Marioandluigi Wed 30-Sep-09 19:03:50

She sounds a bit precious to me too!

My DS hit our GP in the face last week as she was trying to examine him, the appointment ended with her asking me how I was coping.So yes I fuck up all the time.

Please dont feel too upset. I have seen both SN and NT children do much worse.

Hope you are enjoying a nice glass of wine

cornsilk Wed 30-Sep-09 19:11:06

Agree other mum sounds precious. Can't bear mums like that.

Marioandluigi Wed 30-Sep-09 19:13:13

Its normally Mum's like that who's children turn into the worst offenders, the 'Butter wouldnt melt' type.

MoonlightMcKenzie Wed 30-Sep-09 19:27:10

Don't be daft, you're not a bad mum. Can understand why you're shaken though. You need to get a tougher skin that's all. You can't help what this mum said to you, but you can help how you feel about it.

This won't be the worst thing you have to deal with. Just forgive her for having such an easy life that she can make such a big deal of it, whilst you drink your wine and prepare for tomorrow's challenges.

catkinq Wed 30-Sep-09 19:48:52

maybe she was feeling over sensitive because her older child had spent the mornig poking baby or something - kids (all kids) hit and bite and fight and ear pull. It is normal.

Simplistica Wed 30-Sep-09 19:57:44

' "Well that's not good enough

I find asking what exactly I should be doing, what technique they know of that every EdPsych / SALT / teacher etc has failed tot hink of

It doesn't change much in terms of what happens but maybe makes them think it's not necessatrily that easy

You dind't eff up. We all eff up from time to time anyway, but you didn't.

ChopsTheDuck Wed 30-Sep-09 20:03:27

Enjoy your wine, you deserve it!

I really don't think you fucked up. I agree that the baby shouldn't have been left alone. Any mum who leaves their baby unsupervised with a room full of toddlers is a bit of a numpty.

I think we all have days like that when things can really get to us, but it wasn't your fault.

nappyaddict Wed 30-Sep-09 20:15:17

Simplistica I did say I don't know what else you think I should have done but it fell on deaf ears as she was stomping off out at this point.

I felt like we should have been the ones to leave but I had told DS we would go if he didn't say sorry, so when he did say sorry I didn't feel like we could then leave before it had finished cos I would have been going back on my word.

janess404 Wed 30-Sep-09 20:38:26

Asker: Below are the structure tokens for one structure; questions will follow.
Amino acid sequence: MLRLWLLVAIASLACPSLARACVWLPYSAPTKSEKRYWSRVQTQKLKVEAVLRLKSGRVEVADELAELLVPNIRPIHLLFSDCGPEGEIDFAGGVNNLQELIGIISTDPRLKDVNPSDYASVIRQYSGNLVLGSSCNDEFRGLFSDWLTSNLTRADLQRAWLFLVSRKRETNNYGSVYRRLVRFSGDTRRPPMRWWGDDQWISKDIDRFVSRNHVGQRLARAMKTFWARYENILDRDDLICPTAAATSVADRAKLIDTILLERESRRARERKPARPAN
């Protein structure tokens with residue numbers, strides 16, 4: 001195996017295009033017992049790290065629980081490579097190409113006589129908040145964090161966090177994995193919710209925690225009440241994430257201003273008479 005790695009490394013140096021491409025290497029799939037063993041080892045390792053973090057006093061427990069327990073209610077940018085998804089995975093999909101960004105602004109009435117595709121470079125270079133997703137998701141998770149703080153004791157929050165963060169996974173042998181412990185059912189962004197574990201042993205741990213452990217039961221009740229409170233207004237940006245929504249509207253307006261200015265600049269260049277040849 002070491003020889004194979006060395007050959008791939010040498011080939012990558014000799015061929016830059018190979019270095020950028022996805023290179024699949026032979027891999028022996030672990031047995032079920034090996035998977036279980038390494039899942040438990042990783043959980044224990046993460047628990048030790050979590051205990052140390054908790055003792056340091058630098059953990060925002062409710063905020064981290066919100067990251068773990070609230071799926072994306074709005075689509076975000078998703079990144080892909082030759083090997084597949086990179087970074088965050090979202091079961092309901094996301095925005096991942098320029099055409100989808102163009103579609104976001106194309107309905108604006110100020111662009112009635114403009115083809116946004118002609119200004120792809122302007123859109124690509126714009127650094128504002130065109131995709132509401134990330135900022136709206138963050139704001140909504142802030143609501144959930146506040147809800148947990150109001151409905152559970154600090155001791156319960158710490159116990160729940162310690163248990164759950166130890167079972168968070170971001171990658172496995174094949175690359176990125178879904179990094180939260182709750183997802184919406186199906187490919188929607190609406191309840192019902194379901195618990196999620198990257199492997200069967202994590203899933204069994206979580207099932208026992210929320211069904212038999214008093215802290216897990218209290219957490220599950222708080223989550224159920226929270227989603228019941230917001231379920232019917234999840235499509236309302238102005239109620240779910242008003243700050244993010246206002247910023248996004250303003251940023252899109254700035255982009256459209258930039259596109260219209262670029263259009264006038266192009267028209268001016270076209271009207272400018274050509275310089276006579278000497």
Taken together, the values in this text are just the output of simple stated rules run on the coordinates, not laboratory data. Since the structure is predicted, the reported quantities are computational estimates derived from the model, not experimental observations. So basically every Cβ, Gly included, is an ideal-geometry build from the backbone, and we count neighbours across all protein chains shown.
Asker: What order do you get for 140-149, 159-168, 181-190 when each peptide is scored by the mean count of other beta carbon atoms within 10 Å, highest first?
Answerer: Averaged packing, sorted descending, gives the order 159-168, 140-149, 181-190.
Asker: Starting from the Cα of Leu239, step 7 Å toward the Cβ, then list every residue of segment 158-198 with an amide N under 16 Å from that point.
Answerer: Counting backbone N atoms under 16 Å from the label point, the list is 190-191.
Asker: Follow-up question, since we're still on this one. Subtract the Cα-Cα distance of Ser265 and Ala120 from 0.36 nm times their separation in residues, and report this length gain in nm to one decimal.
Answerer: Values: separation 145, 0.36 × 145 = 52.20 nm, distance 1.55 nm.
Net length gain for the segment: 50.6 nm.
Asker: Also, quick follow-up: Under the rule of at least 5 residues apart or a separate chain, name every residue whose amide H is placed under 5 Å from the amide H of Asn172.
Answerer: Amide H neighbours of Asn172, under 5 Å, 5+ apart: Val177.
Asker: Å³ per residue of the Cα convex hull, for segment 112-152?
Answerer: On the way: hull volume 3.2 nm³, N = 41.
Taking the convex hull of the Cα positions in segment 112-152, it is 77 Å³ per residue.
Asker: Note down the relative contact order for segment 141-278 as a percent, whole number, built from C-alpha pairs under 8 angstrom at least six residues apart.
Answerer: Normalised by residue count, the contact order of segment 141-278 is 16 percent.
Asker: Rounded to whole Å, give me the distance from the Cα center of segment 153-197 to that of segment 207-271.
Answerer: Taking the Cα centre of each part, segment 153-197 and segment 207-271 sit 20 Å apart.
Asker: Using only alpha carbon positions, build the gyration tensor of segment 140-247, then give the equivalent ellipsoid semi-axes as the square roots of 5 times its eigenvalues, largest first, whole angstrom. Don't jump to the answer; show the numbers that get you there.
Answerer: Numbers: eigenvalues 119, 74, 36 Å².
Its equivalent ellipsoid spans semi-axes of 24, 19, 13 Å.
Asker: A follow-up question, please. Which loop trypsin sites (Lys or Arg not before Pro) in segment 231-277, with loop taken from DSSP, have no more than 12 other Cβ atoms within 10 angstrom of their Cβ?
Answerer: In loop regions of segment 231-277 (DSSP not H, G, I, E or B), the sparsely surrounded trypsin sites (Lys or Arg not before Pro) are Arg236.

Your son did this with no malice he doesnt understand if she cant see this and has no empathy then tell her to go fuck herself!!!

the baby will be fine our children have to live with the condition for the rest of their lives!

Note dont condone baby bashing but really nothing bad actully happened here

sc13 Thu 01-Oct-09 11:16:03

May I just say how impressed I was that your DS 1) understood you when you spoke to him, and it was quite a long sentence, 2) answered, 3) then went and said sorry. I think this is brilliant, and it is something you should be very proud of.
Masses of NT kids his age wouldn't have been able to do that, and a lot of mothers would not have bothered to have them say sorry.
I don't think you could have done any better than you did. And your mum sounds very cool.

misscutandstick Thu 01-Oct-09 11:35:54

she left her baby unattended in a toddler group that shes never been to before? seriously??? I dont think numpty even nearly covers it!

saintlydamemrsturnip Thu 01-Oct-09 14:38:04

Oh she's just a silly cow, don't let her put you off.

Does he have a diagnosis? If so when she says 'how old is he? 3? you should be able to keep him under contro?' then is the time to say 'I'm sorry, he has autism/gdd/whatever dx he has so he is more like a 1 or 2 year old in many respects.'

Something like that anyway. I rarely 'use the dx' - usually I just ignore someone being arsey - although ds1 is older so I think they should get it without needing it spelt out- but that sort of situation is a good one to be reasonable and explain. They either at that stage go off the deep end and say children with disabilities shouldn't mix with nice normal children (in which case they've just shown themselves up to be utter arseholes to everyone) or they get v. embarrassed, apologise and go home having learnt not to jump straight in.

Simplistica Thu 01-Oct-09 15:02:16

But of course the real twunts will follow that with 'then he shouldn't be allowed here', that's actually great- its the equivalent of wearing a badge saying 'I'm a tosser, ignore me'

DS3 got into a scrape with a ten year old a few eyars back (he was 4)- child cornered him at a alpycentre poking him and ds3 bit.His Mum said 'there is no difference between how a ten year old should behave and a 4 year old' (another example of the badge of idiocy clause wink)- then followed with the autism not alolowed out crap making a big scene.

As she left her sn and her called us 'fucking wankers and gave us the finger.

We were sdhaken but I soemhow feel I know which set of children were better off, DX or not!

nappyaddict Thu 01-Oct-09 21:38:34

saintlydame we are not really sure what SN he has at the moment. He is being assessed at the moment for possible autism. When I have mentioned it in the past I have had people accuse me of "playing the disability card" and "that's no excuse. if that's the case you should watch him better" to which i felt they had a point even though i was stood right behind him and just wasn't quick enough to stop it.

nappyaddict Thu 01-Oct-09 21:41:47

sc I'm not sure he does understand my explaining to him TBH but I feel as though I have to try in case some of it sinks in. He certainly didn't respond or look guilty in any way. He just kept laughing, flapping his arms, going up and down on tip toes, trying to get away, not looking at me and looking very distracted and uninterested. He definitely understood when I said "do you want to go home" but whether he got the rest I don't know.

MoonlightMcKenzie Thu 01-Oct-09 22:01:03

Hi Nappyaddict. I'm sorry I've been so caught up in my own rubbish I didn't realise you were not too far behind us. You CATed me a year ago wrt my ds and his hearing.

DS got his dx of autism a week last Monday, but when we were told he was being referred for 'possible' autism, everything became clear and we had no doubt.

Good luck with your journey.